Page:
My new Japanese print rollers are wonderful, the rubber surface is smooth as silk, the ink picks up evenly and then distributes across the lino uniformly and I couldn’t be happier with their performance.
However, they have one tiny glitch. Many rollers, but not all by any means, have the ability to be rested on a table top without the rubber roller part touching the surface. In other words, they have a built-in stand of some sort.
As you can see above there are few different types of stand. The leather lithography rollers come with their own separate wooden base to hold their rolling-pin shape. Most of the others have the handlebar sitting above the roller so it can be turned on its back when resting and the roller will be raised. The red roller, top right, has little arms either side. In the picture it is in rest mode and when printing it is turned over so the small prongs face upwards and won’t scratch the print plate (usually glass). I think this is how my rollers should be.
I bought my rollers from 2 different suppliers in 2 different parts of the country. They are manufactured by the same Japanese company but were probably sent to Australia in different shipments. So I don’t think there has been a mistake in the production, I think there is a design fault.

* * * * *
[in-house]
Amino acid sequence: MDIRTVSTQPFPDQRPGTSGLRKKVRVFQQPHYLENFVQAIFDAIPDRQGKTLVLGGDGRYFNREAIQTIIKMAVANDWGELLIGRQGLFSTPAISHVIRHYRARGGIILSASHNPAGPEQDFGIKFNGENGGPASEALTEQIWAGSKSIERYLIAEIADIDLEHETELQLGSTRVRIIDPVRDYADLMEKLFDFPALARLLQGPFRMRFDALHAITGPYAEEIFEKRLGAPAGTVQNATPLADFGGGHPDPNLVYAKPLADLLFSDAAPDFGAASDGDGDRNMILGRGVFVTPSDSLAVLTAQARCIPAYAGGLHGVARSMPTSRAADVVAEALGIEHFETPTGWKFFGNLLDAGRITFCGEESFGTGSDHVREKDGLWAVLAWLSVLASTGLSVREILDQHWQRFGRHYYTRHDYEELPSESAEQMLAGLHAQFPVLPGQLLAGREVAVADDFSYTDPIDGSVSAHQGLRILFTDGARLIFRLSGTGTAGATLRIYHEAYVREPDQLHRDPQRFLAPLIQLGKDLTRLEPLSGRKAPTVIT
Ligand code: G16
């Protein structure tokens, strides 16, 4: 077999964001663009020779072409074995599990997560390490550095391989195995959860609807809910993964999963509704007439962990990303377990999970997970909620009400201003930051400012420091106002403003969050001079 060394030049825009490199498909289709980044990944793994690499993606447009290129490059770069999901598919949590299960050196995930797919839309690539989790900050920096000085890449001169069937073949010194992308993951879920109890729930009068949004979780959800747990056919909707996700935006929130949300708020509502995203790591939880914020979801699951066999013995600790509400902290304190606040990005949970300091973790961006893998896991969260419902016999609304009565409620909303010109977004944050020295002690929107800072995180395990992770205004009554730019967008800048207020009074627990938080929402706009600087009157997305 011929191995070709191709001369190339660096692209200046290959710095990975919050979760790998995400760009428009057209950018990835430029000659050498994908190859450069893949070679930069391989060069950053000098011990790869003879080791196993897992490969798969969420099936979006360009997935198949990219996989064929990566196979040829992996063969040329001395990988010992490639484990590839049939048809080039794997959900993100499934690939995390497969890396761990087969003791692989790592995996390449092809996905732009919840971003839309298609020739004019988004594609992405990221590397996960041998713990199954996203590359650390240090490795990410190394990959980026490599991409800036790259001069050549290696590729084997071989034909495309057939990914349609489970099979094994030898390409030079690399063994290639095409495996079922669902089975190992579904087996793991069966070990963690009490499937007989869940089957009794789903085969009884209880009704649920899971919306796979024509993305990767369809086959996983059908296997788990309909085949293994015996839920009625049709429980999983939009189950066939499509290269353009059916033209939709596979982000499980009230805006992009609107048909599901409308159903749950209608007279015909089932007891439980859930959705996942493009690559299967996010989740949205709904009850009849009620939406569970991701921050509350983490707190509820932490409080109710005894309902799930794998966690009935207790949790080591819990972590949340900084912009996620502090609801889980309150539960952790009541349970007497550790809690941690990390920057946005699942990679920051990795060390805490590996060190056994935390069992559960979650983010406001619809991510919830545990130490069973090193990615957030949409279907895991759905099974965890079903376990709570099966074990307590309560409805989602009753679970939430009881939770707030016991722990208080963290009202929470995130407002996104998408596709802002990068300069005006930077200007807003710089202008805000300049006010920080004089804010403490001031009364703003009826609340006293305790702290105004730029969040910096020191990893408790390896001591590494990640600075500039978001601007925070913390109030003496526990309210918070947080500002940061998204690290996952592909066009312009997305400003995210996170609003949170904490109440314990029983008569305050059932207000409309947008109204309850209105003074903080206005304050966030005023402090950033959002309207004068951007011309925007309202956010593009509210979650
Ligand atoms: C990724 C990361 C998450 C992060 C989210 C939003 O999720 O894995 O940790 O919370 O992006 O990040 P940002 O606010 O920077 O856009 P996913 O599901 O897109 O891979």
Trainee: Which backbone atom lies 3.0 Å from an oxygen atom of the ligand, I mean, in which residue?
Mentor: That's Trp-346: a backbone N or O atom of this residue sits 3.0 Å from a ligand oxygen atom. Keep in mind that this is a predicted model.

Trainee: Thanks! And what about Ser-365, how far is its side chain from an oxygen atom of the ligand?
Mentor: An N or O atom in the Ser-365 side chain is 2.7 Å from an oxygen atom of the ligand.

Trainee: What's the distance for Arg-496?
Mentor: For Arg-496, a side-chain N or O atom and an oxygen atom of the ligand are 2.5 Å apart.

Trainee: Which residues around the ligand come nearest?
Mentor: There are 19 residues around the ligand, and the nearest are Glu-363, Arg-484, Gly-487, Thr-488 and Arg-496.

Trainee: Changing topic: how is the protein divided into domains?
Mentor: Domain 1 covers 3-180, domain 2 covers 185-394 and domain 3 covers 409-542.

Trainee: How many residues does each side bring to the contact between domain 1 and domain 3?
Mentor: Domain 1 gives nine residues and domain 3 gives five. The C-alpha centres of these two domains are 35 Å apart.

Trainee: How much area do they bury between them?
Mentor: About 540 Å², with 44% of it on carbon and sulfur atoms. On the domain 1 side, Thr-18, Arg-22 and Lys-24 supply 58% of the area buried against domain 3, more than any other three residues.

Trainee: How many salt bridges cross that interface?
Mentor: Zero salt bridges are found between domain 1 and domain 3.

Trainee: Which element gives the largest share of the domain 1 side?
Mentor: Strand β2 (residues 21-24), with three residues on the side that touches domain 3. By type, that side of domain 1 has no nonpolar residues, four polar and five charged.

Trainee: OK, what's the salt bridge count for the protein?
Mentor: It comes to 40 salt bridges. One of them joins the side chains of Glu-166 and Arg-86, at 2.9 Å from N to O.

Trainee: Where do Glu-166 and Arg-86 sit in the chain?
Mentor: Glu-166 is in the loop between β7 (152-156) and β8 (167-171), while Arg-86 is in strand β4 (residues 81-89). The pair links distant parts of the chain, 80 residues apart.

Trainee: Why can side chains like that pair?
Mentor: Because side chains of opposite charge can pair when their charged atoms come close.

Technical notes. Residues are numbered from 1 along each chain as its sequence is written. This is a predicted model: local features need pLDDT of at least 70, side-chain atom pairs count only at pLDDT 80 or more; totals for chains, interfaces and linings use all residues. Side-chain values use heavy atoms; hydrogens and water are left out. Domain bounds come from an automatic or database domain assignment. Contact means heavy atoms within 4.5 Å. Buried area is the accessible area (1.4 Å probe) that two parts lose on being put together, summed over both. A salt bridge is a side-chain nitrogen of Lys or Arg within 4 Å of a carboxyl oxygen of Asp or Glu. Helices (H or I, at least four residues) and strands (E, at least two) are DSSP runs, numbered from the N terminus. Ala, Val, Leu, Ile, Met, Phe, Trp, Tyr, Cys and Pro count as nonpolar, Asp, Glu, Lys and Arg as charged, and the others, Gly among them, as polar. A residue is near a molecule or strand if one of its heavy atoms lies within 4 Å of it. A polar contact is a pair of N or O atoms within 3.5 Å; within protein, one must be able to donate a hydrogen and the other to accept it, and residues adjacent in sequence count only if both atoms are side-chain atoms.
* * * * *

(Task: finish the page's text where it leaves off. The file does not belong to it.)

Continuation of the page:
From the picture it is easy to see that only one single prong was supplied, so I’m not able to place one on either side of the roller, making small arms, as per the red sample above. The only place it can go is where the handle attaches to the metal handlebar. This causes the roller, in rest mode, to sit on the surface and the wooden handle to remain raised. Even were the roller not heavier than the handle it still wouldn’t sit up because it would rock from side to side with one edge always on the table. Bizarre.
When I showed my rollers to Tony (printmaker professional) he was amazed at the stupidity of the design for an item that was so expensive. So, what to do? I don’t want them resting on the glass between rolling each print. They stick a bit and I get a line across them which is hard to remove so it doesn’t come through on the next print pass. So you can imagine my delight when my husband gave me my Easter present, and all his own design:
This little wooden ‘bridge’ has circular holes drilled in it so that the roller handles will drop through to the table. The height of the structure is sufficient that it holds the rollers steady, without the possibility of them toppling, but there is still enough of the handle visible for me to get a good hold when lifting them out. If I’m only working in a single colour I can put the other rollers aside, giving me even easier access. But that’s not all ……
If I attach ‘L’ brackets to the wall or inside a cupboard door I can slide the stand on to them for storage when it is not being used. The rollers can stay in place, as they will drop further through, and they won’t be damaged by resting on the rubber for extended periods. I can also cover them, keeping them clean and away from direct sunlight which will degrade the rubber over time.